Daniel Pocock (via planet.debian.org) points out what tracking services online dating services expose you to. This certainly is an issue, and of course to be expected by a free service (you are the product – advertisers are the customer). Oh, and in case you forgot already: some sites employ fake profiles to retain you as long as possible on their site… But I’d like to point out how deeply flawed online dating is. It is surprising that some people meet successfully there; and I am not surprised that so many dates turn out to not work: they earn money if you remain single, and waste time on their site, not if you are successful.
I am clearly not an expert on online dating, because I am happily married. I met my wife in a very classic setting: offline, in my extended social circle. The motivation for this post is that I am concerned about seeing people waste their time. If you want to improve your life, eliminate apps and websites that are just distraction! And these days, we see more online/app distraction than ever. Smartphone zombie apocalpyse.
There are some obvious issues with online dating:
- you treat people as if they were an object in an online shop. If you want to find a significant other, don’t treat him/her like a shoe.
- you get too many choices. So if one turns out to be just 99% okay, then you will ignore this in favor of another 100% potential match.
- you get to choose exactly what you want. No need to tolerate. And of course you know exactly what fits to you, don’t you? No, actually we are pretty bad at that, and a good relationship will require you to be tolerant.
- inflated expectations: in reality, the 100s turn out to be more like 55% matches, because the image was photoshopped, they are too nervous, and their profile was written by a ghostwriter. Oh, and some of them will simply be chatbots, or employees, or already married, or …. So they don’t even exist.
- because you are also just 99%, everybody seems to prefer someone else, and you are only the second choice, if chosen at all. You don’t get picked.
- you will never be comfortable on the actual first date. Because of inflated expectations, it will be disappointing, and you just want to get away.
- the companies earn money if you are online at their site, not if you are successful.
And yes, there is scientific research backing up these things. For example:
Online Dating: A Critical Analysis From the Perspective of Psychological Science
Eli J. Finkel, Paul W. Eastwick, Benjamin R. Karney, Harry T. Reis, Susan Sprecher, Psychological Science in the Public Interest, 13(1), 3-66.
“the ready access to a large pool of potential partners can elicit an evaluative, assessment-oriented mindset that leads online daters to objectify potential partners and might even undermine their willingness to commit to one of them”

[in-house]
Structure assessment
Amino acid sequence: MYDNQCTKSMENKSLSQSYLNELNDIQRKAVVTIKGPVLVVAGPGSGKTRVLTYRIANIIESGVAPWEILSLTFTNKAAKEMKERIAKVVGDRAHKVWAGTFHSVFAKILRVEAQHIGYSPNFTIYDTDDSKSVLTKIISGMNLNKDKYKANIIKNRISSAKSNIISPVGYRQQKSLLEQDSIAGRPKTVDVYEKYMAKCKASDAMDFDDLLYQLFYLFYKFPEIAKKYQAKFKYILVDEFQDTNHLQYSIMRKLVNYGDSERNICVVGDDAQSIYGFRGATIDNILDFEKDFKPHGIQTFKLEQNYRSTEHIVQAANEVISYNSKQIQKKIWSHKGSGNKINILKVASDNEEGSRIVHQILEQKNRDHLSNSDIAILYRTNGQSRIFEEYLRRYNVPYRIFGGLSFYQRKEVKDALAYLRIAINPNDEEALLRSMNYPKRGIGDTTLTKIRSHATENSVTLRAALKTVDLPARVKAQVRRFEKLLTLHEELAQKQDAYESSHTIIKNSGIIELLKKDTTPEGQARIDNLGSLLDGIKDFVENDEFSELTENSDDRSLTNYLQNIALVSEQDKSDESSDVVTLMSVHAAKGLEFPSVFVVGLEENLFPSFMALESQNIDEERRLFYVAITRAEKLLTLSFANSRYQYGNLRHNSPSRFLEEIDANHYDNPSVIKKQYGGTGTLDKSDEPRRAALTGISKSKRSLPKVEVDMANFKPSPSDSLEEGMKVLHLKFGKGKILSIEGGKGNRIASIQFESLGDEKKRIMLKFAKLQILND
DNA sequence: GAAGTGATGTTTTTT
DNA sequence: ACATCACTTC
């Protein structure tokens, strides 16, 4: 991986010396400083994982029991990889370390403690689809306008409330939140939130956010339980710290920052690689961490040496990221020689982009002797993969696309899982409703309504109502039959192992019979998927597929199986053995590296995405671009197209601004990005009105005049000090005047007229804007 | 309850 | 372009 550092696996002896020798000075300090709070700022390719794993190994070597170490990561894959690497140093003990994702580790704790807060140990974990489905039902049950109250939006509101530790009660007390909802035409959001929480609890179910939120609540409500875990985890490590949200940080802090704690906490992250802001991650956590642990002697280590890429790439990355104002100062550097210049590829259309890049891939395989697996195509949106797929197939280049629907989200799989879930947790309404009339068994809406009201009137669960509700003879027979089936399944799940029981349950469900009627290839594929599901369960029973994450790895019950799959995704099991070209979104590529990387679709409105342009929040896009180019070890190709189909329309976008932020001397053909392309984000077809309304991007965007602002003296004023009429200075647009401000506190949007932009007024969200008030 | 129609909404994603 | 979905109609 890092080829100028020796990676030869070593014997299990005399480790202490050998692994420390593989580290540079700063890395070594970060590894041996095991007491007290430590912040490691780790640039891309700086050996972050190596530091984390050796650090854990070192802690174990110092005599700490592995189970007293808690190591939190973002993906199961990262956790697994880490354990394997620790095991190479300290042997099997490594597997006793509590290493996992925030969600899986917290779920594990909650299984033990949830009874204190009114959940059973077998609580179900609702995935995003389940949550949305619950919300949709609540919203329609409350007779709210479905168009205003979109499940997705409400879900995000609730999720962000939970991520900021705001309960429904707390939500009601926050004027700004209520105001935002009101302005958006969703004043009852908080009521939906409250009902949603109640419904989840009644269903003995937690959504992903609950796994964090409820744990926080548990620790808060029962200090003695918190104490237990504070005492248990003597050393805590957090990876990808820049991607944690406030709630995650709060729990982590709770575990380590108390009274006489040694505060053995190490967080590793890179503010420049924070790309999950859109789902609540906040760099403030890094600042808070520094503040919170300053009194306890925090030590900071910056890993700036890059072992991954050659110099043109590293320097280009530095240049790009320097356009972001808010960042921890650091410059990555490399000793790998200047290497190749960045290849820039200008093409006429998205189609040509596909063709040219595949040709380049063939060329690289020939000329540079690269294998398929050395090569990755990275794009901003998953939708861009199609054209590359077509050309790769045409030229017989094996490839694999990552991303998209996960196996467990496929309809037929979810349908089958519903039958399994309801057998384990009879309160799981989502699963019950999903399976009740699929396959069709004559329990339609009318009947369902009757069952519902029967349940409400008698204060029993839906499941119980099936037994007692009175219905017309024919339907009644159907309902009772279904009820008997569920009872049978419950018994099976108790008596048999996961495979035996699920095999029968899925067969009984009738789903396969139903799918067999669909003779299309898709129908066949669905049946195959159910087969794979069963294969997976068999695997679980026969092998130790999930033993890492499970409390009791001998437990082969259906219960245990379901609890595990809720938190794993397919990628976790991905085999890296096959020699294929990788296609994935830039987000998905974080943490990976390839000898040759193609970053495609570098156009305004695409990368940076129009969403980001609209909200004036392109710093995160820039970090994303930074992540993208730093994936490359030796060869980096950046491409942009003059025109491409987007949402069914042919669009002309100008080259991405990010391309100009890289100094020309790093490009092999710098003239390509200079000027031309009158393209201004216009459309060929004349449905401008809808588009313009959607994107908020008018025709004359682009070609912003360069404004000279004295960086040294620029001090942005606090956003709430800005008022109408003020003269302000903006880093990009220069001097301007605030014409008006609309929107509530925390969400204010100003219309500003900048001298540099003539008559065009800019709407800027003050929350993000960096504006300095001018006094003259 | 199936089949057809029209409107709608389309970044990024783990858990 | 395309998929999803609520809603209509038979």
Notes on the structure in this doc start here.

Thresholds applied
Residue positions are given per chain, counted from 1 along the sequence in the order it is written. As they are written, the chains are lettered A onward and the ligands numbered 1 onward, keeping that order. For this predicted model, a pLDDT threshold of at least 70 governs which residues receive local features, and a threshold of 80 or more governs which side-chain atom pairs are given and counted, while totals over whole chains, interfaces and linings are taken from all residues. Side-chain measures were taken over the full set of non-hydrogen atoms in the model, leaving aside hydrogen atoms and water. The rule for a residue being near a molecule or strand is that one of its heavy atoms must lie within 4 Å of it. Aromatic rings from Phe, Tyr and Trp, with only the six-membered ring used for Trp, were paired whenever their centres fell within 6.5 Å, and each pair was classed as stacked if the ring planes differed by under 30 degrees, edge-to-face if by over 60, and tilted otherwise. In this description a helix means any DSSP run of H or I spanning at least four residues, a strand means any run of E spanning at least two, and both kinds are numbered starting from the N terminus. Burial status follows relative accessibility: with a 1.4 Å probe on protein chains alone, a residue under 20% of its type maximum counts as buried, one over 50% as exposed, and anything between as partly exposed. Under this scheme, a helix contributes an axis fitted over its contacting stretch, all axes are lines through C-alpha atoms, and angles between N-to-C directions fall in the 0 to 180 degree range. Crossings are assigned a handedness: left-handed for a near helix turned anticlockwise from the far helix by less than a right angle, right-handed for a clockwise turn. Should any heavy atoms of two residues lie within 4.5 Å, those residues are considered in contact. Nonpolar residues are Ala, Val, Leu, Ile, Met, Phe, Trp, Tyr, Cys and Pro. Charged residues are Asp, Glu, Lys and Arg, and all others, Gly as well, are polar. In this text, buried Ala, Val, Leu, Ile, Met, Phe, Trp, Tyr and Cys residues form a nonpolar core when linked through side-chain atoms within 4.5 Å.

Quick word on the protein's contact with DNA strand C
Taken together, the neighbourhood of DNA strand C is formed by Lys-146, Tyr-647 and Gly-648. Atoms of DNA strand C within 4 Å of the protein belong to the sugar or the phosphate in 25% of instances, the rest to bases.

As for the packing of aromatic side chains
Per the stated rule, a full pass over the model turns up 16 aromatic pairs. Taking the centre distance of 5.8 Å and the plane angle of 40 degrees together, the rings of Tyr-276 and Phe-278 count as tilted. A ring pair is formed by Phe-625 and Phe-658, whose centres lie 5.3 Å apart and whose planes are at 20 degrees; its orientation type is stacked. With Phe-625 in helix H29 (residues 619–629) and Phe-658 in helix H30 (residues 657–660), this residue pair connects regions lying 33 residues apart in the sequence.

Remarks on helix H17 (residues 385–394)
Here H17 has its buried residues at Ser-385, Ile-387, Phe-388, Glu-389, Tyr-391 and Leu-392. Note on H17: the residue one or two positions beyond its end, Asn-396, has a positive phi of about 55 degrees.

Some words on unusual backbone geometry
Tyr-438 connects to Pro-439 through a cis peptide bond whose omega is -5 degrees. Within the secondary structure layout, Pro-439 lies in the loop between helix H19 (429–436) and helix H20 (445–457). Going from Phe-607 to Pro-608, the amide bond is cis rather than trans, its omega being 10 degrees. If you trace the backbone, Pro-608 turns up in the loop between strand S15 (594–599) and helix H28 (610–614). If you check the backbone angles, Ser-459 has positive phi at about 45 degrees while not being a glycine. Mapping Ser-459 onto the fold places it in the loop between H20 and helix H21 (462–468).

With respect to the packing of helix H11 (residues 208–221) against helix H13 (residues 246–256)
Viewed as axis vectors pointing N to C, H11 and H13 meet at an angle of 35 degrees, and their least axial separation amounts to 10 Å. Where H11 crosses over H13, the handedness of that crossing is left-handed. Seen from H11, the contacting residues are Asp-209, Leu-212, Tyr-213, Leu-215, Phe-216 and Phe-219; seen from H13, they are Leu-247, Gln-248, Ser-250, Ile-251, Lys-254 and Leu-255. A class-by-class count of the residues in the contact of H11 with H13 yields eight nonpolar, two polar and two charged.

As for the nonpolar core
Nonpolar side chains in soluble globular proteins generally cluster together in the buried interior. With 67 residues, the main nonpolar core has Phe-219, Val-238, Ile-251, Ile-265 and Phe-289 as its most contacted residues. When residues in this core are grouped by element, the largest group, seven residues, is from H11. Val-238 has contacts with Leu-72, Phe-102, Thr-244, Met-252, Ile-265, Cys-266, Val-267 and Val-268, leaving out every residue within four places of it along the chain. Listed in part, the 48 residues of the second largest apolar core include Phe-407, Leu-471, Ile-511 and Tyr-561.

Dating preferences and meeting opportunities in mate choice decisions
Belot, Michèle, and Marco Francesconi, Journal of Human Resources 48.2 (2013): 474-508.
“[in speed dating] suggesting that a highly popular individual is almost 5 times more likely to get a date with another highly popular mate than with a less popular individual”
which means that if you are not in the top most attractive accounts, you probably just get swiped away.
If you want to maximize your chances of meeting someone, you probably have to use this approach (vimeo.com).
And you can find many more reports on “Generation Tinder” and its hard time to find partners because of inflated expectations. It is also because these apps and online services make you unhappy, and that makes you unattractive.
Instead, I suggest you extend your offline social circle.
For example, I used to go dancing a lot. Not the “drunken, and too loud music to talk” kind, but ballroom. Not only this can drastically improve your social and communication skills (in particular, non-verbal communication, but also just being natural rather than nervous), but it also provides great opportunities to meet new people with a shared interest. And quite a lot of my friends in dancing got married to a partner they first met at a dance.
For others, other social sport does this job (although many find chit chat at the gym or yoga annoying). Walk your dog in a new area - you may meet some new faces there. But it is best if you get to talk. Apparently, some people love meeting strangers for cooking (where you’d cook and eat antipasti, main dishes, and dessert in different places). Go to some board game nights, etc. I think anything will do that lets you meet new people with at least some shared interest or social connection, and where you are not just going because of dating (because then you’ll be stressed out), but where you can relax. If you are authentically relaxed and happy, this will make you attractive. And hey, maybe someone will want to meet you a second time.
Spending all that time online chatting or swiping certainly will not improve your social skills when you actually have to face someone face-to-face… it is the worst thing to do, if you aren’t already a very open person that easily chats up strangers (and then you won’t need it).
Forget all that online crap you get pulled into all the time. Don’t let technology hijack your social life, and make you addicted to scrolling through online profiles of people you are not going to meet. Don’t be the product, and nor is your significant other.
They earn money if you spend time on their website, not if you meet your significant other.
So don’t expect them to work. They don’t need to, and they don’t intend to. Dating is something you need to do offline.